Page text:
The University of Texas at Austin; College of Liberal Arts
Hans C. Boas, Director :: PCL 5.556, 1 University Station S5490 :: Austin, TX 78712 :: 512-471-4566
LRC Links: Home | About | Books Online | EIEOL | IE Doc. Center | IE Lexicon | IE Maps | IE Texts | Pub. Indices | SiteMap

Indo-European Lexicon

PIE Etymon and IE Reflexes

Below we display: a Proto-Indo-European (PIE) etymon adapted from Pokorny, with our own English gloss; our Semantic Field assignment(s) for the etymon, linked to information about the field(s); an optional Comment; and Reflexes (derived words) in various Indo-European languages, organized by family/group in west-to-east order where Germanic is split into West/North/East families and English, our language of primary emphasis, is artificially separated from West Germanic. IE Reflexes appear most often as single words with any optional letter(s) enclosed in parentheses; but alternative full spellings are separated by '/' and "principal parts" appear in a standard order (e.g. masculine, feminine, and neuter forms) separated by commas.

Reflexes are annotated with: Part-of-Speech and/or other Grammatical feature(s); a short Gloss which, especially for modern English reflexes, may be confined to the oldest sense; and some Source citation(s) with 'LRC' always understood as editor. Keys to PoS/Gram feature abbreviations and Source codes appear below the reflexes; at the end are links to the previous/next etyma [in Pokorny's alphabetic order] that have reflexes.

All reflex pages are currently under active construction; as time goes on, corrections may be made and/or more etyma & reflexes may be added.

Note: this page is for systems/browsers with Unicode® support and fonts spanning the Unicode 3 character set relevant to Indo-European languages. Versions of this page rendered in alternate character sets are available via links (see Unicode 2 and ISO-8859-1) in the left margin.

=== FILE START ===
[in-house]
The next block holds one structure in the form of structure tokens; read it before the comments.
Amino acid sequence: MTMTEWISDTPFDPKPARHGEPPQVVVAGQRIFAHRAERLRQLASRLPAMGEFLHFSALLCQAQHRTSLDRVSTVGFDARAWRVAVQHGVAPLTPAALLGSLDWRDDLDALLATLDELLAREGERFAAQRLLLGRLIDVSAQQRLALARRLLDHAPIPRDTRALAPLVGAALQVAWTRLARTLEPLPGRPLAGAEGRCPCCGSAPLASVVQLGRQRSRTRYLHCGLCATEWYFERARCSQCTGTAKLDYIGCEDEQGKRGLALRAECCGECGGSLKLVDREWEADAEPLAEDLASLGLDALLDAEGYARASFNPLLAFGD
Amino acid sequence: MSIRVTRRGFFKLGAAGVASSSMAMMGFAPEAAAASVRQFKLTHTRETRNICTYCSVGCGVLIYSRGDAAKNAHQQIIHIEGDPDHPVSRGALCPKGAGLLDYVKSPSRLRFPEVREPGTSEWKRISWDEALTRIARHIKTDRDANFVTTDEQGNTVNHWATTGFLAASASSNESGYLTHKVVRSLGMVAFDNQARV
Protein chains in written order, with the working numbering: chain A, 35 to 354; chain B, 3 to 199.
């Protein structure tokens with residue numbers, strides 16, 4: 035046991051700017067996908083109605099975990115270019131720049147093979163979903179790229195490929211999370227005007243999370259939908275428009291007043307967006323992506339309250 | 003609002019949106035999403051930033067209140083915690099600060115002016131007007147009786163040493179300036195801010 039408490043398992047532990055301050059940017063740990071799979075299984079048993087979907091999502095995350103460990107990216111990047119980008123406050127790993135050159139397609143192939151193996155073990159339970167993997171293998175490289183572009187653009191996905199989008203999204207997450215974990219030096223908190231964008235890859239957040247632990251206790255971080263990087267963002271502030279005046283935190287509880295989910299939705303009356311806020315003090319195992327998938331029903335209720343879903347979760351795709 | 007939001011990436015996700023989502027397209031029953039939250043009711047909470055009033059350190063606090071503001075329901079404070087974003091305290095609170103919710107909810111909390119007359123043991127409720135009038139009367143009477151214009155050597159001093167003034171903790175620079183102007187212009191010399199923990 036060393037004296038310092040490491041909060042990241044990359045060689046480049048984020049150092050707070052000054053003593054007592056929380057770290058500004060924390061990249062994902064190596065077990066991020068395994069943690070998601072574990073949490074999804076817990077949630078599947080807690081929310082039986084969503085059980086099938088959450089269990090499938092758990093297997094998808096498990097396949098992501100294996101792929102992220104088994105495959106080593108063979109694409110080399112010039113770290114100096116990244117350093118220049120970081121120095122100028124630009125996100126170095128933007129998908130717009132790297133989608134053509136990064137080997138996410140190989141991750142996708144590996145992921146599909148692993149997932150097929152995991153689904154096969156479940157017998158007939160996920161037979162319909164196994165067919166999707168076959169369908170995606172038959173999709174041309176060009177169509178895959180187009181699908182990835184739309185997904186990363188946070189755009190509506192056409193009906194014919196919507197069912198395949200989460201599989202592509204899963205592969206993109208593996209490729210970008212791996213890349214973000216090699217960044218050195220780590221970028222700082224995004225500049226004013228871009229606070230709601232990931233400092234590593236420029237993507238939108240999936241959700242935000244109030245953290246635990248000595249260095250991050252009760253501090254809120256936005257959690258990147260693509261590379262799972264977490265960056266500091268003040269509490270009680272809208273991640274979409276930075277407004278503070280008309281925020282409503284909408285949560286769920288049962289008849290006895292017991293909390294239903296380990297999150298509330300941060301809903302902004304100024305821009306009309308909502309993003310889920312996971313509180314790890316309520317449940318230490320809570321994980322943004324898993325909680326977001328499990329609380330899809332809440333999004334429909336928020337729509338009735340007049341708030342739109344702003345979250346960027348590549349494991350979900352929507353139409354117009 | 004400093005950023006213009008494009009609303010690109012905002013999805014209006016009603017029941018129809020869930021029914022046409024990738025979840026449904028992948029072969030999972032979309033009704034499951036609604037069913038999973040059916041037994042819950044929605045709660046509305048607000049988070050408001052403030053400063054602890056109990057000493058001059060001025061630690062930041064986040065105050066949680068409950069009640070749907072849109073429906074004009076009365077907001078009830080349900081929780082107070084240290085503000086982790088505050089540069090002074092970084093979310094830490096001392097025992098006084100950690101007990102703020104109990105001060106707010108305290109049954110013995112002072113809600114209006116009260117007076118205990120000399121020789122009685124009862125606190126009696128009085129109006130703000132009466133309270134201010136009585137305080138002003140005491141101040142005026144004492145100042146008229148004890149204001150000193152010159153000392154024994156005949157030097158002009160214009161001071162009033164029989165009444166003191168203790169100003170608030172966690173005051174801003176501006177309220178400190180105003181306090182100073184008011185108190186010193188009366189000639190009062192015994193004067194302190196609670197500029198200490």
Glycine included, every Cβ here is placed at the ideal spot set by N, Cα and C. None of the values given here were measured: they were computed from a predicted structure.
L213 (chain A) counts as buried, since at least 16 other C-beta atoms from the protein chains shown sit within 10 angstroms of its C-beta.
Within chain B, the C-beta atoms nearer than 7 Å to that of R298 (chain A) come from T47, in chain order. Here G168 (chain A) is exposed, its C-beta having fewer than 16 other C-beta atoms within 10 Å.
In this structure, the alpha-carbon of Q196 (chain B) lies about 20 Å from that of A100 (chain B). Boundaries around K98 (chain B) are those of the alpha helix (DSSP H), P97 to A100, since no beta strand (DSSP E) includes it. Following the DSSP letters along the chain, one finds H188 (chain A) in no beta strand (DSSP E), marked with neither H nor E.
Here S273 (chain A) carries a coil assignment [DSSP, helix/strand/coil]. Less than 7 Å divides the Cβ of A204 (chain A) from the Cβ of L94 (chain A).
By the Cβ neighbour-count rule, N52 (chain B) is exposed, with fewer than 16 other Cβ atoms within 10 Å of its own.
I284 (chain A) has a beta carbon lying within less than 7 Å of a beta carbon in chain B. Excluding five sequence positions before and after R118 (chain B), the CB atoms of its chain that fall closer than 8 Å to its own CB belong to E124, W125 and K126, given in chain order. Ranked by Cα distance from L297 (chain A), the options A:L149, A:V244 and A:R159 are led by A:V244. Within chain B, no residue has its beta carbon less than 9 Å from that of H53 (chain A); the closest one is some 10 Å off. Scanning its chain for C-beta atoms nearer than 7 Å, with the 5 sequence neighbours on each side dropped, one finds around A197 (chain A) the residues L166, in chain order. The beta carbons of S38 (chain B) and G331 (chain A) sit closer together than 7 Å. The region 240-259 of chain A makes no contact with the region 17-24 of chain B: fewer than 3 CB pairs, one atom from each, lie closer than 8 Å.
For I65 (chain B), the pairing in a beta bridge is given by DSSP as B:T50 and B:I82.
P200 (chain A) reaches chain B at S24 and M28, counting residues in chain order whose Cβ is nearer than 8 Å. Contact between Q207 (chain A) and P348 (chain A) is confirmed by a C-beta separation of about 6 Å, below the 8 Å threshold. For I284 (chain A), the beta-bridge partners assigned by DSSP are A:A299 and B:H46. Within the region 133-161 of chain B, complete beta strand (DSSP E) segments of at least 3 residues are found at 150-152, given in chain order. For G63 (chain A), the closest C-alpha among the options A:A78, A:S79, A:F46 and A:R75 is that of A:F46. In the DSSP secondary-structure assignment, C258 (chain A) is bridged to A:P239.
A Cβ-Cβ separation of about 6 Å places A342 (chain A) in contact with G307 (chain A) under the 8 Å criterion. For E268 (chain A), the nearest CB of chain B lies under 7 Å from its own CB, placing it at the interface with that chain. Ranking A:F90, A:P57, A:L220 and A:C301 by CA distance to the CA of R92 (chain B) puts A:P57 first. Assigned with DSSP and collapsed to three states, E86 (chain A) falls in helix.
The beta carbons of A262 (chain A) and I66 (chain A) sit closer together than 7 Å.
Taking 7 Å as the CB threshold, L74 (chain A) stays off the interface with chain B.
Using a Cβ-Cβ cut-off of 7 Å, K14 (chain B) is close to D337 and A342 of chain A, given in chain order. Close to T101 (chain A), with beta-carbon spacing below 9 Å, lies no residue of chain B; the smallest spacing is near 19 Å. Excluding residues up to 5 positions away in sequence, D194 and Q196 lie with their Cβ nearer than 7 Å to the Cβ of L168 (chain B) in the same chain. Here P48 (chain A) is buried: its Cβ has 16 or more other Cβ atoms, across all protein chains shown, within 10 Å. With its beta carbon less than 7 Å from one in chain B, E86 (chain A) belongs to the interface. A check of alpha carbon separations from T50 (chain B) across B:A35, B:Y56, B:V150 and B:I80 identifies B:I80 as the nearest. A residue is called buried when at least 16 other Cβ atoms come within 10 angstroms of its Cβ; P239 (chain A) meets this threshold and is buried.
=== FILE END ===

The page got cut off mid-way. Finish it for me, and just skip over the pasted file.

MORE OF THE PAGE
Pokorny Etymon: 2. ank-, ang-   'to flex, bend, angle'

Semantic Field: to Bend


Indo-European Reflexes:

Family/Language Reflex(es) PoS/Gram. Gloss Source(s)
Old English: anclēow n.masc ankle W7/ASD
  ancor/āncer n anchorite, hermit W7/ASD
  anga n hook W7
  angel n.masc fishhook W7
  Angel-cynn prop.n.neut English, lit. Angle kin LRC
  Engle n the Angles (coastal Germanic group) W7
Middle English: ancre n anchor W7
  angel n fishhook W7
  angelen vb to angle: fish W7
  angle n angle W7
  ankel n ankle W7
English: anchor n anchor (fluked boat stabilizer) AHD/W7
  ancon n architectural bracket or elbow support AHD/W7
  Angle prop.n member of Germanic tribe in Anglia LRC
  angle n corner, sharp bend AHD/W7
  angle vb to turn/flex/position at an angle AHD/W7
  angle vb to fish with hook W7
  ankle n joint between foot and leg AHD/W7
  ankylosis n joint stiffness; bone fusion AHD/W7
  onchocerciasis n river blindness (caused by filarial worms) AHD
  oncidium n kind of orchid AHD/W7
  unciform adj hook-shaped AHD/W7
  uncinaria n hook-mouthed nematode AHD/W7
  uncinate adj hooked, unciform, bent at end AHD
  uncus n hooked anatomical part AHD/W7
Dutch: anker n anchor TLL
Old Saxon: ēnkoro n.masc hermit, anchorite ASD
Old High German: anchlāo/anchal(a) n ankle W7/ASD
  ango n hook W7
  angul n.masc hook, fishhook ASD
  einchoranar n.masc hermit, anchorite ASD
Middle High German: angel n.masc hook, fishhook ASD
  enkel n.masc ankle ASD
German: Angel n.fem hinge, angle; fishing rod LRC
  angeln vb to fish, angle LRC
  Anker n.masc anchor LRC
Old Norse: eng n meadow LRC
  ökul/ökli n.masc ankle ASD
  öngull n.masc hook, fishhook ASD
Danish: anker n anchor TLL
  eng n meadow TLL
Swedish: ankare n anchor TLL
  ankel n ankle ASD
  äng n meadow TLL
Latin: anchora n.fem anchor W7
  Ancon n.fem town in Italy W7
  ancōn n ancon AHD
  Angli Angles: people of Germanic origin W7
  angulus n.masc angle W7
  uncinus adj hook W7
  uncus n.masc hook W7
New Latin: ankylosis n.fem ankylosis W7
  oncidium n.neut genus of orchids W7
  unciformis, unciforme adj shaped like a hook W7
  uncinaria n.fem hookworm W7
  uncus n.masc a hooked anatomical part or process W7
Old French: angle n angle AHD
Middle French: angle n.masc angle W7
Greek: ankos n.masc glen W7
  ankylos adj crooked W7
  ankyloun vb to make crooked W7
  ankylōsis n.fem ankylosis W7
  ankyra n.fem anchor W7
  ankōn n.masc elbow W7
  onkos n.masc barbed hook, mass W7


Key to Part-of-Speech/Grammatical feature abbreviations:

Abbrev. Meaning
fem=feminine (gender)
masc=masculine (gender)
neut=neuter (gender)
pl=plural (number)

Key to information Source codes (always with 'LRC' as editor):

Code Citation
AHD=Calvert Watkins: The American Heritage Dictionary of Indo-European Roots, 2nd ed. (2000)
ASD=Joseph Bosworth and T. Northcote Toller: An Anglo-Saxon Dictionary (1898)
LRC=Linguistics Research Center, University of Texas, Austin
TLL=Frederick Bodmer: The Loom of Language (1944)
W7=Webster's Seventh New Collegiate Dictionary (1963)

Nearby etyma:    previous   |   next